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58 intonation aids in locution and can carry illocutionary force, although the extent to which the two interact may vary according to the actual speech situation or speech act (Geluykens 1987; Schiffrin 1994; Brazil 1997; Pickering 2001; Wennerstrom 2001; Chun 2002). Approaching the instances of miscommunication from this direction, it is probable that the students misunderstood ITA-YYs utterances (i.e., You cant find it and You will use water) because neither intonation nor other contextualization clues of the speech situation provided sufficient information for them to interpret the utterances as requiring a response. The NSs used declarative syntax for Y/N-Questions more sparingly (less than 20%) than the ITAs (40%), and when they did use them, these utterances were understood by their interlocutors as questions. Thus, whereas the NSs demonstrate an ability to properly balance intonation and contextualization clues, the NNSs struggled with this relationship. In the majority of instances, the students understand the symmetry of their roles in this educational encounter, much as the subjects of Schiffrins (1994) analysis on question and answer pairs understand their roles during a service encounter at a library information desk. In a similar manner, this corresponds with Myers (1994) observations regarding the shared context of classrooms and educational laboratories. An important factor in Interactional Sociolinguistic studies is the situated meaning of an utterance, a rough equivalent for surrounding linguistic context and a primary concept for Schiffrins analysis of service encounters. Brazil (1997) uses the term context of interaction. The context of interaction was important to this study in several ways. First, Y/N-Questions had to be identified according to their surrounding context. This being the case, the questions should not be considered in isolation. Secondly, the primary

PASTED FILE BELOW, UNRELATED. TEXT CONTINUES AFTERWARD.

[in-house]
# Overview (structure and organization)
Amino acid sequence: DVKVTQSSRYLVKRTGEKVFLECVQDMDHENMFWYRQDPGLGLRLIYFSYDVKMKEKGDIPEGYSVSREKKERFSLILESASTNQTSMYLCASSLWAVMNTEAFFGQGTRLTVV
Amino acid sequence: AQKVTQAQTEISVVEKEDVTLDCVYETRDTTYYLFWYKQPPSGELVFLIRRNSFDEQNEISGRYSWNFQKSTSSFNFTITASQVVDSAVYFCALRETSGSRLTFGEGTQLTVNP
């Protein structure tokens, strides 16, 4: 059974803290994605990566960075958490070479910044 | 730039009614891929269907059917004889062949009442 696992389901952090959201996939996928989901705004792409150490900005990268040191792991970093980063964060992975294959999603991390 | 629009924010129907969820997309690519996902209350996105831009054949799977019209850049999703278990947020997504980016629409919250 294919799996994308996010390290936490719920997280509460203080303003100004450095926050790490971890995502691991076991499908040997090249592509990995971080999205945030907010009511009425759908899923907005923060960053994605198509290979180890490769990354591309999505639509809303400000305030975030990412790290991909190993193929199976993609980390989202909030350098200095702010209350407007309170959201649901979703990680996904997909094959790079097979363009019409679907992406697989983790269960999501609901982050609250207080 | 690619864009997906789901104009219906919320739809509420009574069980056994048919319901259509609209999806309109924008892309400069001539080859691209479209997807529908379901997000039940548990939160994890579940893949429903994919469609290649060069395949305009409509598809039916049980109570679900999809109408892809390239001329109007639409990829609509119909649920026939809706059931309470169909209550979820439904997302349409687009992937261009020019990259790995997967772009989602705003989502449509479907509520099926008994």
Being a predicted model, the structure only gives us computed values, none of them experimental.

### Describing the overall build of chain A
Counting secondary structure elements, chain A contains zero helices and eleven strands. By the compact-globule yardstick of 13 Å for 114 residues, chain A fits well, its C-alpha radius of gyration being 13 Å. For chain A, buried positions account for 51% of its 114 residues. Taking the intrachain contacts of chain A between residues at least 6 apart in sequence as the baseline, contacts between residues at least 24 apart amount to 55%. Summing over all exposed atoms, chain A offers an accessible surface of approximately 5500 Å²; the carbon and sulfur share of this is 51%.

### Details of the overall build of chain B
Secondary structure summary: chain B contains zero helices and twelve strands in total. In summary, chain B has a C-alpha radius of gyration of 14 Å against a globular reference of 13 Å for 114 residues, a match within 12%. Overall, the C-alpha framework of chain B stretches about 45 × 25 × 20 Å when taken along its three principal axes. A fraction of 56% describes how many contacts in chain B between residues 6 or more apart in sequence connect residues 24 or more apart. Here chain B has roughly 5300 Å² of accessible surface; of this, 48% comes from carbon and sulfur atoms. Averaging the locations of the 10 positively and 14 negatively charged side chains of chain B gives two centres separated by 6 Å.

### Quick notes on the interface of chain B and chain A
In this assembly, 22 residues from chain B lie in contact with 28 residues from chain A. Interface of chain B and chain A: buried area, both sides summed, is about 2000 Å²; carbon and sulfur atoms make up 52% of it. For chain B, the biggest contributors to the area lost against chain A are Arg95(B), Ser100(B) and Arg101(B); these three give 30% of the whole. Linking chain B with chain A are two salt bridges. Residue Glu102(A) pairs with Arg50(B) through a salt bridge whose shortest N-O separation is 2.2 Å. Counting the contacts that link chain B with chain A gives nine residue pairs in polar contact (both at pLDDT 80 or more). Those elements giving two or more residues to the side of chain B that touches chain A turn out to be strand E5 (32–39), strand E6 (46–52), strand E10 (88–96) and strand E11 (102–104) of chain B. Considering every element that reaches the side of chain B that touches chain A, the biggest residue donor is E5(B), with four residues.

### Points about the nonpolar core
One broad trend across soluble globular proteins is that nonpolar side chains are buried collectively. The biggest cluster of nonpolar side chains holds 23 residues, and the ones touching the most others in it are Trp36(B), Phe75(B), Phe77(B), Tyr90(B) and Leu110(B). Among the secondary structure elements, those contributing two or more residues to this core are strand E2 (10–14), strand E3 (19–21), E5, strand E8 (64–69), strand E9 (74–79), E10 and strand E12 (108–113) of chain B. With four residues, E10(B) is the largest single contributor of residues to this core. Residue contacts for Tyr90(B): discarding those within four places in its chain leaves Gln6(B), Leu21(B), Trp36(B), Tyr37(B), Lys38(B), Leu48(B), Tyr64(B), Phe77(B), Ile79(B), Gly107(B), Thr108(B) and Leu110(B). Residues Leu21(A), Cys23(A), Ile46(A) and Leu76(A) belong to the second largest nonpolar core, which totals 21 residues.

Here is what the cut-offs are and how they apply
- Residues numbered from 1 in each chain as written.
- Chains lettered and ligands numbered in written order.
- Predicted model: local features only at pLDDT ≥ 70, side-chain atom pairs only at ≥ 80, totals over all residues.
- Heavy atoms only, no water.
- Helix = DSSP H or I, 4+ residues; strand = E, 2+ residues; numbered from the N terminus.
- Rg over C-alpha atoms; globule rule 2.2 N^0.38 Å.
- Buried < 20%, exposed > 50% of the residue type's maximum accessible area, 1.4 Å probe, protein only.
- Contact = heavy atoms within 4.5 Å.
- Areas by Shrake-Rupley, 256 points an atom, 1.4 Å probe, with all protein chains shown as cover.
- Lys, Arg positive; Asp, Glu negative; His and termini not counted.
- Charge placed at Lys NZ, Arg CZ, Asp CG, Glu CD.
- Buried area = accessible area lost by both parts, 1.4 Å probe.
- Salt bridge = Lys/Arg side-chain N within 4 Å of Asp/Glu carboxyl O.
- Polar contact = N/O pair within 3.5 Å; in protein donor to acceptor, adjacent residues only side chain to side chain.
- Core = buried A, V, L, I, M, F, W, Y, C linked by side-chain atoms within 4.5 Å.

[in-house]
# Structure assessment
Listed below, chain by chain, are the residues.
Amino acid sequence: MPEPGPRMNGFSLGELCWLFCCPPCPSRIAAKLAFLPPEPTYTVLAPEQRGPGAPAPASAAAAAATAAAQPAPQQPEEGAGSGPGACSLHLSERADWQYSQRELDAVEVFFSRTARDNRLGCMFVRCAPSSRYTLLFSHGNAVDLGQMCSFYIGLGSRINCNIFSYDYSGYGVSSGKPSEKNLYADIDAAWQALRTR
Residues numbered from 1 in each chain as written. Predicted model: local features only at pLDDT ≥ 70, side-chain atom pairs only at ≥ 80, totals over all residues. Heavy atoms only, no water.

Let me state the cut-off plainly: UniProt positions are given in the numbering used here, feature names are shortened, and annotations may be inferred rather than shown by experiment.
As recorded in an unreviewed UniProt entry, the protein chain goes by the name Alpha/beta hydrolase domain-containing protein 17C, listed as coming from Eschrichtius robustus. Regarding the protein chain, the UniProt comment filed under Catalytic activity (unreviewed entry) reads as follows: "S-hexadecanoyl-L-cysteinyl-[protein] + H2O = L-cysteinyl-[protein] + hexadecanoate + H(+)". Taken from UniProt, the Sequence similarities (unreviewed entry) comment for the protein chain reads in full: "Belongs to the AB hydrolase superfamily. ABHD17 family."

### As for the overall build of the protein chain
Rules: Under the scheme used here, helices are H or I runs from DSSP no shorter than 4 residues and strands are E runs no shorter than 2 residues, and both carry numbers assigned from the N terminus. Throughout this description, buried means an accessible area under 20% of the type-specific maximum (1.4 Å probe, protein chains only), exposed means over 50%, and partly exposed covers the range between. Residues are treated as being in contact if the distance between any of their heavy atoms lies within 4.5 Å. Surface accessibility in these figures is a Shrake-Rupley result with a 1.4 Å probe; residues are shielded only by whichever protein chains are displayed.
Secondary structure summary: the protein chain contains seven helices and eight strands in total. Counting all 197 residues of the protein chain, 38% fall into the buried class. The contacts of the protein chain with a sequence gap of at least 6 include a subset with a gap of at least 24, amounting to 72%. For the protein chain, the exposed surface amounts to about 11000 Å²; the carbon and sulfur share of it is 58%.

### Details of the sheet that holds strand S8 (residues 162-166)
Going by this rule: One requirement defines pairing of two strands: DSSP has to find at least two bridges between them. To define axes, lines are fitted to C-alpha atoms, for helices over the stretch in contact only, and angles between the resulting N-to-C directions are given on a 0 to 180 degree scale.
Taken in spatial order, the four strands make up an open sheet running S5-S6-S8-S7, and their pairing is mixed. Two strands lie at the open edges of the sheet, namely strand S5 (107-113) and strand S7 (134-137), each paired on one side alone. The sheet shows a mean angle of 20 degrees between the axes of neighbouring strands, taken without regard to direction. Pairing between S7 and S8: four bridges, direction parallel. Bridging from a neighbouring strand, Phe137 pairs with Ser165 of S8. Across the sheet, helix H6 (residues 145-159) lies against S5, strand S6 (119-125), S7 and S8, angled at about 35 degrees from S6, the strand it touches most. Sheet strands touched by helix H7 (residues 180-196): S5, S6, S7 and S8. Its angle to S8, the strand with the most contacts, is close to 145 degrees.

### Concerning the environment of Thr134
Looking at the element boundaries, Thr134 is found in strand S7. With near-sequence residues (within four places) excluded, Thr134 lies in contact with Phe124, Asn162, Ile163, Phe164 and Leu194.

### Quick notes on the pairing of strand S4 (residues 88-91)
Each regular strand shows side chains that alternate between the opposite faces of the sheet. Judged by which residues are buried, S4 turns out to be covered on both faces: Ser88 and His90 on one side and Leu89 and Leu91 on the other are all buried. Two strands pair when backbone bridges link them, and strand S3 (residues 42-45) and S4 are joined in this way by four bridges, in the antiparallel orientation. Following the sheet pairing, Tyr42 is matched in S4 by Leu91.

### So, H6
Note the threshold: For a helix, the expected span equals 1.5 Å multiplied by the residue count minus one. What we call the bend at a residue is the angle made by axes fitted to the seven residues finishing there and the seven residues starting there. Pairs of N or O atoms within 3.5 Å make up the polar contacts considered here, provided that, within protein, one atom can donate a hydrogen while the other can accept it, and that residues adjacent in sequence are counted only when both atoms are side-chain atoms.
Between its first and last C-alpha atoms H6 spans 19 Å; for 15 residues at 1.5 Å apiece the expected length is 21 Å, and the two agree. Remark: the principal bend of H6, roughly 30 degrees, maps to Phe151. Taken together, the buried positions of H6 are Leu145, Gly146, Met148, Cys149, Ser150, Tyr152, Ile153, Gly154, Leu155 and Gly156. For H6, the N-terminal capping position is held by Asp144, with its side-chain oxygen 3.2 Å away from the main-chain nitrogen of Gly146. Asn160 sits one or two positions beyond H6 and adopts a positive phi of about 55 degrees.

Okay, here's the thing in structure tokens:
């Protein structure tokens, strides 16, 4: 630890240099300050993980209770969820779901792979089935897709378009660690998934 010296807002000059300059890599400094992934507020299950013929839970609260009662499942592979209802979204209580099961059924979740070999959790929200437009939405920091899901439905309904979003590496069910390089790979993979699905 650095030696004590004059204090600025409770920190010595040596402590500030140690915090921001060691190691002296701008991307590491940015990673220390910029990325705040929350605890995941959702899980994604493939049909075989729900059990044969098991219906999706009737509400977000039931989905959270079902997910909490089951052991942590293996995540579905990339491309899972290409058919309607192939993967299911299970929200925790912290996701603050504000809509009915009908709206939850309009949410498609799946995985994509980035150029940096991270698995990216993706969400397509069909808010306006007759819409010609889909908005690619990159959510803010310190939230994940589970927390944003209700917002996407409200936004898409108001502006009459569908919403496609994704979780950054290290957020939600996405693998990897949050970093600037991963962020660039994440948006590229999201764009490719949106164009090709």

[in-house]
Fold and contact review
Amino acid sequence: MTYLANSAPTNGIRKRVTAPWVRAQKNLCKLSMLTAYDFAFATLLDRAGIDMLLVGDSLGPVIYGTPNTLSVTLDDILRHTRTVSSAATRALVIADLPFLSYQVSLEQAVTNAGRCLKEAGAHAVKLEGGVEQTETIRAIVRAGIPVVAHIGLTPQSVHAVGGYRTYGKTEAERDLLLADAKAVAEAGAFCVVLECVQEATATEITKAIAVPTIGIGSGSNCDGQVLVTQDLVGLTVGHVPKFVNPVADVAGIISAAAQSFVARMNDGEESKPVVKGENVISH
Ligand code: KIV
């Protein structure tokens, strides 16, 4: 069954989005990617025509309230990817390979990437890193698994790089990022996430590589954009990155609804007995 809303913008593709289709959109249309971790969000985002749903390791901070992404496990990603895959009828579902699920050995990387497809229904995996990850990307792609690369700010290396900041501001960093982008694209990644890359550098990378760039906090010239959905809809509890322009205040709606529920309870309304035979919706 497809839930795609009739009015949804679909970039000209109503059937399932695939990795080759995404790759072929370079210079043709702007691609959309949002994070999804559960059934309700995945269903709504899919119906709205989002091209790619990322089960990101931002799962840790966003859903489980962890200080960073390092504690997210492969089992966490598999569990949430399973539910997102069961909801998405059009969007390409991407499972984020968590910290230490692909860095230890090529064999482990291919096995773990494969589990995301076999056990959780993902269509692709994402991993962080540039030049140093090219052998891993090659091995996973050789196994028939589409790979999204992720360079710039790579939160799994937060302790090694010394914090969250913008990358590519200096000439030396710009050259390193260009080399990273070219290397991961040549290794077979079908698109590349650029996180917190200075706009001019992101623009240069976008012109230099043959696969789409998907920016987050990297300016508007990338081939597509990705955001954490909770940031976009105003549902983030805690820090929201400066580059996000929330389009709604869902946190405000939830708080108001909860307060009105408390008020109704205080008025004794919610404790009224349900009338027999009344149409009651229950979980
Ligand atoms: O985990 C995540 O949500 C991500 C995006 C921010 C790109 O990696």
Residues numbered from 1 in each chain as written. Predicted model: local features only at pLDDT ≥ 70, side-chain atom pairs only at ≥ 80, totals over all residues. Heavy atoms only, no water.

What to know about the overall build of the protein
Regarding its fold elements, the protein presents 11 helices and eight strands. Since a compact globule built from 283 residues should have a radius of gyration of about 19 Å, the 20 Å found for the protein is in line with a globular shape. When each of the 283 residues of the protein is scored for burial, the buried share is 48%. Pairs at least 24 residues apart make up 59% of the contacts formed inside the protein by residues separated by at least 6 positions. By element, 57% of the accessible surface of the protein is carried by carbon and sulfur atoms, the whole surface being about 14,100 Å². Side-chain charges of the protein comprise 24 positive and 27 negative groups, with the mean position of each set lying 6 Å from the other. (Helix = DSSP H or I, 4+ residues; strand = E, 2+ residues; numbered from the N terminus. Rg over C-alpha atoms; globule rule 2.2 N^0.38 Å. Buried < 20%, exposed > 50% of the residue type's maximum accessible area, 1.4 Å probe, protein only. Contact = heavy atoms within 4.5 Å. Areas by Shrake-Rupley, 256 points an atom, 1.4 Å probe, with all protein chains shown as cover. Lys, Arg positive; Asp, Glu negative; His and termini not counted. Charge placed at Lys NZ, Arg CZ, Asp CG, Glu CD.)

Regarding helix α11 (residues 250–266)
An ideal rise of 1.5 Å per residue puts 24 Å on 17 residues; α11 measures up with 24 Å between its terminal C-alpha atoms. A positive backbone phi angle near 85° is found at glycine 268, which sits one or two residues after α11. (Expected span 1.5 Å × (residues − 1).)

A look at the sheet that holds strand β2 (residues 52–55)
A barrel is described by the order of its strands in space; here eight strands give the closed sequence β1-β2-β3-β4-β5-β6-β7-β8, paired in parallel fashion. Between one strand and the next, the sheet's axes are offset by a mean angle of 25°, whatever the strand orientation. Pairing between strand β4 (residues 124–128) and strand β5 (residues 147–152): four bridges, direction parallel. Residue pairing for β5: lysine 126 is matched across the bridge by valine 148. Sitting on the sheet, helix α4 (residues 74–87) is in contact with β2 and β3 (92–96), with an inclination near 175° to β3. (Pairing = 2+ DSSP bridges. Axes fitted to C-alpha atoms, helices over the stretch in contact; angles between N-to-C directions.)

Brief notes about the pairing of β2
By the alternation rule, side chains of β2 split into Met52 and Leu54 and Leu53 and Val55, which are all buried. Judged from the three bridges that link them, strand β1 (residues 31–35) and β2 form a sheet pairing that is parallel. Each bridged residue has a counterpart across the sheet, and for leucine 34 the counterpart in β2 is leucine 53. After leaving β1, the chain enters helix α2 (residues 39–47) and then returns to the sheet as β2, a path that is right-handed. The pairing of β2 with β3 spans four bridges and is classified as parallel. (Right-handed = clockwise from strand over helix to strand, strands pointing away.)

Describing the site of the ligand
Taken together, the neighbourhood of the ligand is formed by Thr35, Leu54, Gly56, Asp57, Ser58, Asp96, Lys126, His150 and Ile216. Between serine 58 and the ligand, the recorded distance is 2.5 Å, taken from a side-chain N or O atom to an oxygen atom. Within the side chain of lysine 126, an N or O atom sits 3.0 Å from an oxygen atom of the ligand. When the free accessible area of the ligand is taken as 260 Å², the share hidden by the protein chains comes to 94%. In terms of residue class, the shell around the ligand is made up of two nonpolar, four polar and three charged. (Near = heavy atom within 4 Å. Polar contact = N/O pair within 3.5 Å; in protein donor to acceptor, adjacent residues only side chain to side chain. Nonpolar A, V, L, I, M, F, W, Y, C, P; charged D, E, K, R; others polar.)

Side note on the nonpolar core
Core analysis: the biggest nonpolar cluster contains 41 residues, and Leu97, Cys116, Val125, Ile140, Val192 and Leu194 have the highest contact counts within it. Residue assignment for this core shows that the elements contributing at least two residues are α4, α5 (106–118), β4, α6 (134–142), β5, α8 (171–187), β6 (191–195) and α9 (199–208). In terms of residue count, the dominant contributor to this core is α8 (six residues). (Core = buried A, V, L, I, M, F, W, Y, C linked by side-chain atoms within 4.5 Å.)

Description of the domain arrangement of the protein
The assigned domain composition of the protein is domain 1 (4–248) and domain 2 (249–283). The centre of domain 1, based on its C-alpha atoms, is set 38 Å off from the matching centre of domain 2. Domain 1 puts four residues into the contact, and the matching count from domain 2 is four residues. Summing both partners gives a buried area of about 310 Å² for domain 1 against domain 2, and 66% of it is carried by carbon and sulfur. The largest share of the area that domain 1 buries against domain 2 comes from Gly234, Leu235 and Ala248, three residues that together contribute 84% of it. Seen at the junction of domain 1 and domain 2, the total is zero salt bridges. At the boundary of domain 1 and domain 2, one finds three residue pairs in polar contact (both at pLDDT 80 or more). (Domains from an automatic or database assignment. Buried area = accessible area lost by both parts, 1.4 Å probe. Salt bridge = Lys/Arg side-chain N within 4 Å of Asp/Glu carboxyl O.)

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59 research question of this study was concerned with the relevance of the settingthat of a beginning chemistry laboratory at a major American university. Any study of intonation should consider the context in which it occurs, since a presupposed context may exercise some influence over the intonation applied by a speaker (Wennerstrom 2001). Limited in their context, the examples discussed above concerning the proportion of rises and falls in the NS and NNS data do consider the situated meaning of the utterances. Due to the disproportional amount of data between the ITAs and the NSTAs, however, such conclusions should be cautiously received until similar, expanded investigations involving other speech acts or types of questions have been undertaken. Field specialization appears to be an important aspect. Where, for instance, the ITA might be able to successfully communicate in a laboratory where their interlocutors expect questions, the same individual may experience greater communicative difficulties in another setting or speech situation. Discourse domains may serve as contexts for IL development, or as Douglas and Selinker (1994) observe: numerous studies in recent years have shown phonological, morphological, lexical, syntactic and pragmatic variation with regard to task, linguistic context, processing factors, social norms, and changes in interlocutor, topic and function (229-30). The lack of utterance-final rises on much of the NS data likely result from the speakers attitudes toward the situation, similar to those often cited for tag questions. For example, a falling or low boundary would be expected on the question Its cold today, isnt it? when a NS of American English anticipates a positive response. A rising utterance-final boundary, on the other hand, would indicate speaker uncertainty of the answer to be received (Geluykens 1989; Hobbs 1990; Smith et al. 1992; Brazil 1997;